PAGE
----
What are NFTs for? Flaunting on social media? Gaining admission to exclusive avatar clubs? Flipping for spectacular profit? Up until now, these have been the primary use cases for non-fungible tokens. But like any nascent technology, it can take time for the market to figure out how best to utilize them.
One startup believes it’s found an untapped application for NFTs that treats them as more than speculative JPEGs minted in batches. Signifty insists there’s a place for NFTs within the philanthropic sector, where they can be leveraged to raise money for charitable causes, from environmental projects to humanitarian initiatives. But for this vision to materialize, it’s going to need the help of the great and the good: celebrities, whose sprinkling of stardust will transform the humble NFT into a vehicle for effecting positive change.
Art meets heart
The concept Signifty is pinning its platform on goes like this. Celebrities have philanthropic causes that are close to their heart. NFTs have an ability to form passionate communities around shared interests. Signifty wants to channel fan power into a potent force for social change through the use of ‘Missions.’ These are celeb-fronted campaigns approved by the project’s Good Deeds Center, which creates an NFT collection around the concept, with funds routed to the charitable cause.
For example, imagine Popstar X wants to conserve Javan rhinos, an endangered species in the Ujung Kulon National Park. Custom content in the form of audio, video, art, signature, letter, or personal item from the star is digitalized by Signifty, turned into an NFT collection, and then made available to the public. The Mission will detail fundraising targets, what can be achieved with the proceeds, and how the NFT drop will proceed.
Rules for participation will also be enacted; the event may be whitelisted, and take the form of an auction or a fixed price sale. If everything goes as planned, the funding target is reached, the fans get a piece of Popstar X in the form of exclusive NFTs, and the Ujung Kulon National Park gets funds to conserve the Javan rhinos. Everything’s tracked on-chain, ensuring full transparency, and everyone benefits.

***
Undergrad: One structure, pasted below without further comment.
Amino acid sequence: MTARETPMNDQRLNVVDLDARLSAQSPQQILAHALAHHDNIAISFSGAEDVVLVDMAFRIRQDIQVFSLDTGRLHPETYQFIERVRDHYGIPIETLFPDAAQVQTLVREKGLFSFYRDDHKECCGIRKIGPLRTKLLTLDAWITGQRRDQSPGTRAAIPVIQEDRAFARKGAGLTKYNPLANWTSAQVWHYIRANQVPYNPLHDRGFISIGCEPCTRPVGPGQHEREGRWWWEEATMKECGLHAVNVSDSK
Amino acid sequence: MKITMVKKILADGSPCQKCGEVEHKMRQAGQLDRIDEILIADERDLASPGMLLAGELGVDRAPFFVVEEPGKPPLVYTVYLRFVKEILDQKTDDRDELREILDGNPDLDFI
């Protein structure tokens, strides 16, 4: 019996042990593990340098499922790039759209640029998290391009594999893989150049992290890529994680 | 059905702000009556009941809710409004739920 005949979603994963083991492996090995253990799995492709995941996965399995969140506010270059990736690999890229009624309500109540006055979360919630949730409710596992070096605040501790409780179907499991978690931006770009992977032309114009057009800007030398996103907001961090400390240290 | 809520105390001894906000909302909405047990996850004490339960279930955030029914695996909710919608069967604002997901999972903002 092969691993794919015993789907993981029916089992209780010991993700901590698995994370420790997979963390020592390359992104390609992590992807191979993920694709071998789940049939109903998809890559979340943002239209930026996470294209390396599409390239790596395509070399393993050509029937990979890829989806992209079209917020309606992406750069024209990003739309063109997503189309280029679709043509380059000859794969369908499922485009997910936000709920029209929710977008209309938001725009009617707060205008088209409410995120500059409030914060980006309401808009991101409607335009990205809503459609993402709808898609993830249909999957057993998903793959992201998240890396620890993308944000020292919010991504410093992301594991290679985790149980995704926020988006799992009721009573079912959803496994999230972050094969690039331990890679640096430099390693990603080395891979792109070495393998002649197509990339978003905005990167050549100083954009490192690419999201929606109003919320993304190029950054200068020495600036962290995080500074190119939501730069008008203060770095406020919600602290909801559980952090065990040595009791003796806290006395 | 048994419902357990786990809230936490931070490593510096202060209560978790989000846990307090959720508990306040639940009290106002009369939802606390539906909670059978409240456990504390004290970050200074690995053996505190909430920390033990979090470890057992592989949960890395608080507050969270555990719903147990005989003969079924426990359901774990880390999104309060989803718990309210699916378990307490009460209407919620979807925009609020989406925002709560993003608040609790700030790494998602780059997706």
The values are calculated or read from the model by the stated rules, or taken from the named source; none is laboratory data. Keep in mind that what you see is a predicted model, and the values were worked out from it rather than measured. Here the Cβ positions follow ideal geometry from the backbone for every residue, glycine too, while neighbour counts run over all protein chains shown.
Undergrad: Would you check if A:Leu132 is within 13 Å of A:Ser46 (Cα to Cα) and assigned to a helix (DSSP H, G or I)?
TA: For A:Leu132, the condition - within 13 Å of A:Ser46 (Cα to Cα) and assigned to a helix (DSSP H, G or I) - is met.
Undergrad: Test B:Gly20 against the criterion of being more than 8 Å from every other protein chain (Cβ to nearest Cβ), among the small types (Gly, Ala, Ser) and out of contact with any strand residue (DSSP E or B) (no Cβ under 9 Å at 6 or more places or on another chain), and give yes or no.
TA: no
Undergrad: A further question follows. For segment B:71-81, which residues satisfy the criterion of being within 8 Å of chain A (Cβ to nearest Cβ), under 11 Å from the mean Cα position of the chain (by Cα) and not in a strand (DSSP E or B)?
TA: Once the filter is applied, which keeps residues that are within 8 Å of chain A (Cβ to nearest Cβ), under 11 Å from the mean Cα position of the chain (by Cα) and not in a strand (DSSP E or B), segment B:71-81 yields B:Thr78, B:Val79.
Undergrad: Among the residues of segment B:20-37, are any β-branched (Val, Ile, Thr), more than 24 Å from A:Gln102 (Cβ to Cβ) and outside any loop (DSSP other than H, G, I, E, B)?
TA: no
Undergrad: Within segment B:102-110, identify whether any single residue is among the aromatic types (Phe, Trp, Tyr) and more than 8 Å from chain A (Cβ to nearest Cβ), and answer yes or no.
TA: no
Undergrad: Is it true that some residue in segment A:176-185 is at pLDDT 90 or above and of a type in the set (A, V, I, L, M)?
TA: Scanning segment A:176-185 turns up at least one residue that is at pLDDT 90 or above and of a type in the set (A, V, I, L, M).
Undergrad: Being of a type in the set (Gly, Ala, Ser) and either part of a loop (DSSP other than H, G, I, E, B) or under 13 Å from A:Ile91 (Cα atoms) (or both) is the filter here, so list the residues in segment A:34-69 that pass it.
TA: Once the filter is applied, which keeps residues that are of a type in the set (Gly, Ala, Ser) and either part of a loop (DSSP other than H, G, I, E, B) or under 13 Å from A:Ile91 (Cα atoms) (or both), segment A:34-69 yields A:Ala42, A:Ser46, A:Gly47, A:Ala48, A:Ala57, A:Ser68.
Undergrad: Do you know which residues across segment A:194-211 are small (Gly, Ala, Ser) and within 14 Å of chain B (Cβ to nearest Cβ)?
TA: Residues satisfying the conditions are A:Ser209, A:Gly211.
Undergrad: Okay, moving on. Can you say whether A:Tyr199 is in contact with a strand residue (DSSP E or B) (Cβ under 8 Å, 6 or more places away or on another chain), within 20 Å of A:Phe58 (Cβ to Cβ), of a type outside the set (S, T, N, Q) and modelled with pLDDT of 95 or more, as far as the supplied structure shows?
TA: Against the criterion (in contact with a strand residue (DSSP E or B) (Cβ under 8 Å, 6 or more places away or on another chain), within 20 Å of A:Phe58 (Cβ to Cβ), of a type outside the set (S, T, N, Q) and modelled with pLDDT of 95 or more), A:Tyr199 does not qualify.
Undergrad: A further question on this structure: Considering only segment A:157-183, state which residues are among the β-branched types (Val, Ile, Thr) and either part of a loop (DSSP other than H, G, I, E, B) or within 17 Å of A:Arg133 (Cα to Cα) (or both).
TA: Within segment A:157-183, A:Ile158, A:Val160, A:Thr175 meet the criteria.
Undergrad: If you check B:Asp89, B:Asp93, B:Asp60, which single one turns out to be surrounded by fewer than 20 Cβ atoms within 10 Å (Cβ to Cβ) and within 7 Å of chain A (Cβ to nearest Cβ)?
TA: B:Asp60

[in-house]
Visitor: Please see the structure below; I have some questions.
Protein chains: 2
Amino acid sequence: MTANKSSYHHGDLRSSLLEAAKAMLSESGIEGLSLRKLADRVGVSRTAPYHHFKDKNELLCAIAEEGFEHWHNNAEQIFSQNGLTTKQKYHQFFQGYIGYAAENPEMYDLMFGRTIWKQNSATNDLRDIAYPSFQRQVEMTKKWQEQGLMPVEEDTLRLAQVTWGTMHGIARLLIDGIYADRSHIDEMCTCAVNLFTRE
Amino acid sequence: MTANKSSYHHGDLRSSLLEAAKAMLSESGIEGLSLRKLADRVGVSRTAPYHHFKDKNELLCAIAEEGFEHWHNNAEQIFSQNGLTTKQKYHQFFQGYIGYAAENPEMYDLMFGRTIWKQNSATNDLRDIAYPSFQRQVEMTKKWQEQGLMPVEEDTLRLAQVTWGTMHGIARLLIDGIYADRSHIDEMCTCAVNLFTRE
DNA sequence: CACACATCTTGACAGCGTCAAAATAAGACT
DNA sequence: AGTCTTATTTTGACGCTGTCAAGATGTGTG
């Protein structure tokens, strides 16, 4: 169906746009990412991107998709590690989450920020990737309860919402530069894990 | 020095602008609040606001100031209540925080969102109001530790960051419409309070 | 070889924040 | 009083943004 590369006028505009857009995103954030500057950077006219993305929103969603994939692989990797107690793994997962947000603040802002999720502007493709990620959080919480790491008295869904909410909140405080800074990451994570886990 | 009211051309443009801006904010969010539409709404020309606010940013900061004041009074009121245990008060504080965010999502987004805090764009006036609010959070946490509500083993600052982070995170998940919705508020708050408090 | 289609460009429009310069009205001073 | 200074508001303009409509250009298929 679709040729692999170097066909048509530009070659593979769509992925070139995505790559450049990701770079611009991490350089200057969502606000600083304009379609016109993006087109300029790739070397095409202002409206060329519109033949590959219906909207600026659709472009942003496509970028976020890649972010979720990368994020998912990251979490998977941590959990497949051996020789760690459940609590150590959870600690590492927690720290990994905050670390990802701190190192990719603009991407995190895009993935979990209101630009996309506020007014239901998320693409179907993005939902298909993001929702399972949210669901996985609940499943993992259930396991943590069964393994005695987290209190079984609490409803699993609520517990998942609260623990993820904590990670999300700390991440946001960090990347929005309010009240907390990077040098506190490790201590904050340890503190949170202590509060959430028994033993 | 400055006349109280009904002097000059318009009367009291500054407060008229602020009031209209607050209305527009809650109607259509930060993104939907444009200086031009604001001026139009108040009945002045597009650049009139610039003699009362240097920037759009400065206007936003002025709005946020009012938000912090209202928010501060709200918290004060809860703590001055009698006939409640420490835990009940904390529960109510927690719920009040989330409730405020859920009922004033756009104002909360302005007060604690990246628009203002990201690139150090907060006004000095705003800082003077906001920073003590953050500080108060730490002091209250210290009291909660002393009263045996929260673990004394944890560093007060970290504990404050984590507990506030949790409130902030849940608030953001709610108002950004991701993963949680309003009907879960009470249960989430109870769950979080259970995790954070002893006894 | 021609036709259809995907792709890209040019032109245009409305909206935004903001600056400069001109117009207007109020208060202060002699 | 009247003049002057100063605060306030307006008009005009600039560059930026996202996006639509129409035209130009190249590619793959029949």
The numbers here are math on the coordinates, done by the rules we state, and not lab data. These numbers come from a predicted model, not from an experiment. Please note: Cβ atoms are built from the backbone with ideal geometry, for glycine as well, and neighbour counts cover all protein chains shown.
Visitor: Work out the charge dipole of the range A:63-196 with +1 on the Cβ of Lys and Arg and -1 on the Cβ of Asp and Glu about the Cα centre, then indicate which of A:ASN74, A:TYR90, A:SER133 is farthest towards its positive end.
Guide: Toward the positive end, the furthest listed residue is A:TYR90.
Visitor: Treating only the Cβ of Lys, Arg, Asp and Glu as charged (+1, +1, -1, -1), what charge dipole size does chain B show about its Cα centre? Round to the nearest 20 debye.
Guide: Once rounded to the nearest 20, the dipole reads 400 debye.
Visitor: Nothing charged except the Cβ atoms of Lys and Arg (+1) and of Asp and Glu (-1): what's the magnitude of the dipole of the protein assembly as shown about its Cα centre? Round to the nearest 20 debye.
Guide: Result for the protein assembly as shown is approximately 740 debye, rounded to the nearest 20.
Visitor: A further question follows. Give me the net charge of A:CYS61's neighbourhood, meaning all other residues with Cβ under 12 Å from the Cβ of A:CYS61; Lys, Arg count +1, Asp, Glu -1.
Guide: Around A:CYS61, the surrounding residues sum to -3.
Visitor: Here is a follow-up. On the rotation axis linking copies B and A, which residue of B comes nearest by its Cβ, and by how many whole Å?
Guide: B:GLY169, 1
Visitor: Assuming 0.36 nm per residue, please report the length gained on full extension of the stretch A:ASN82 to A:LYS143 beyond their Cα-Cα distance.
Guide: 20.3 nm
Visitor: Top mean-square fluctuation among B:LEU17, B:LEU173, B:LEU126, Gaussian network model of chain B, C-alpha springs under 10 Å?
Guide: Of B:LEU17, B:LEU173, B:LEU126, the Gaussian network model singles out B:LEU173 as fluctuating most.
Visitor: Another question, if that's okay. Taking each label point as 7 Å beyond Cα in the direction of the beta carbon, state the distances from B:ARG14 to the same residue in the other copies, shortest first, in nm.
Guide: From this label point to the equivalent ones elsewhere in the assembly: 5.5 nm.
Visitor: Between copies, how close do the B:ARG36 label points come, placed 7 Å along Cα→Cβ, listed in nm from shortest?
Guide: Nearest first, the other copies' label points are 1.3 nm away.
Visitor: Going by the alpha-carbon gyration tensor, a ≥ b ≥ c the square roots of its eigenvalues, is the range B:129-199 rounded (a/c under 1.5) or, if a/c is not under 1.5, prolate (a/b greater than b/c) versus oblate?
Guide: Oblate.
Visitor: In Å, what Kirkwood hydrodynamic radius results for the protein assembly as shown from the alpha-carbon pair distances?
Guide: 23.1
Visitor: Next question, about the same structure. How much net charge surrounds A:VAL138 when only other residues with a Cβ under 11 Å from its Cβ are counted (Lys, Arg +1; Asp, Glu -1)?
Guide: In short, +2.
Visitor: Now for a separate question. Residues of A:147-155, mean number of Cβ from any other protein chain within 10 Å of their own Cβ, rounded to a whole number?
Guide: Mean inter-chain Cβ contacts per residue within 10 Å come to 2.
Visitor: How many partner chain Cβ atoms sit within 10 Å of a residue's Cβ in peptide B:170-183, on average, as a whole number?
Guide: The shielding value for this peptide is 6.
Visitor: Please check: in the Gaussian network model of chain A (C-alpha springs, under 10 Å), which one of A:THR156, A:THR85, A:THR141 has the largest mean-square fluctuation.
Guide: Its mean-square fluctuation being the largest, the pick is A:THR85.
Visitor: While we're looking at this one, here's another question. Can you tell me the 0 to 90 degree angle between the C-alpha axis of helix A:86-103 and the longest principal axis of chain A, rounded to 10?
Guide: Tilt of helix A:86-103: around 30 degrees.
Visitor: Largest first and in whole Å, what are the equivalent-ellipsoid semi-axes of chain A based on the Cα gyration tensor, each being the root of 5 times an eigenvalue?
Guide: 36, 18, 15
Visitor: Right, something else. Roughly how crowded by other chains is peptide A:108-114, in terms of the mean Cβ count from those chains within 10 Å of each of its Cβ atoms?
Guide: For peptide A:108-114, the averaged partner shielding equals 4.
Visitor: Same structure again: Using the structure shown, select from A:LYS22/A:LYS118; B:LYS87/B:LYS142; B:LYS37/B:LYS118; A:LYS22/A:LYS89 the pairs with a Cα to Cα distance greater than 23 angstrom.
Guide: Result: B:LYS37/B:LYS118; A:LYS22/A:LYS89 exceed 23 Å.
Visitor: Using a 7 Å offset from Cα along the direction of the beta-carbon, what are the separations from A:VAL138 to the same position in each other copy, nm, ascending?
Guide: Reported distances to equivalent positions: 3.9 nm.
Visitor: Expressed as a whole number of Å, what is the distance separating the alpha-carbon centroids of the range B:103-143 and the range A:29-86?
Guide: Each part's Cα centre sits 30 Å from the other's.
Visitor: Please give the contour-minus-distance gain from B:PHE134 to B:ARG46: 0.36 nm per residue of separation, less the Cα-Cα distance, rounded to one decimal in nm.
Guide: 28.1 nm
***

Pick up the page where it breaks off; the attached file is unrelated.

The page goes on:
The beauty of the system is that participants can get involved for very different reasons, be it altruistic, speculative, or a mild obsession with Popstar X, but all parties will emerge with something to show for their efforts, and the endangered rhinos will live to forage another day.
The future of fundraising is social
While Signifty’s implementation of NFTs as a philanthropic tool is novel, they’re by no means the only startup to have stumbled on the idea. Where there’s art there’s The Arts, whose creatives are known for championing charitable causes, often auctioning off their work or performing fundraisers to facilitate this. Harnessing digital art for social improvement is merely the logical progression of this movement.
From raising funds for Ukraine to aiding environmental projects, NFTs have been used to divert funds to meritorious causes of all kinds. Last year, legendary NFT artist Beeple auctioned off his Ocean Front NFT, raising $6 million for the Open Earth Foundation, while Edward Snowden did similar for the Freedom of the Press Foundation to the tune of $5.4 million.
Such initiatives have been one-off efforts, however, that have served primarily to raise funds from the already wealthy. Signifty aims to democratize the process by providing incentives for ordinary investors to participate, allowing everyone to claim a piece of the pie, do their bit for a cause they (or their favourite celebs) believe in, and earn an exclusive NFT as a keepsake or tradeable item.
NFTs have come a long way from the days of Pepe the frog trading coins and pixel art. What started as a non-fungible token standard has been transformed into a panacea for global improvement, one cause at a time.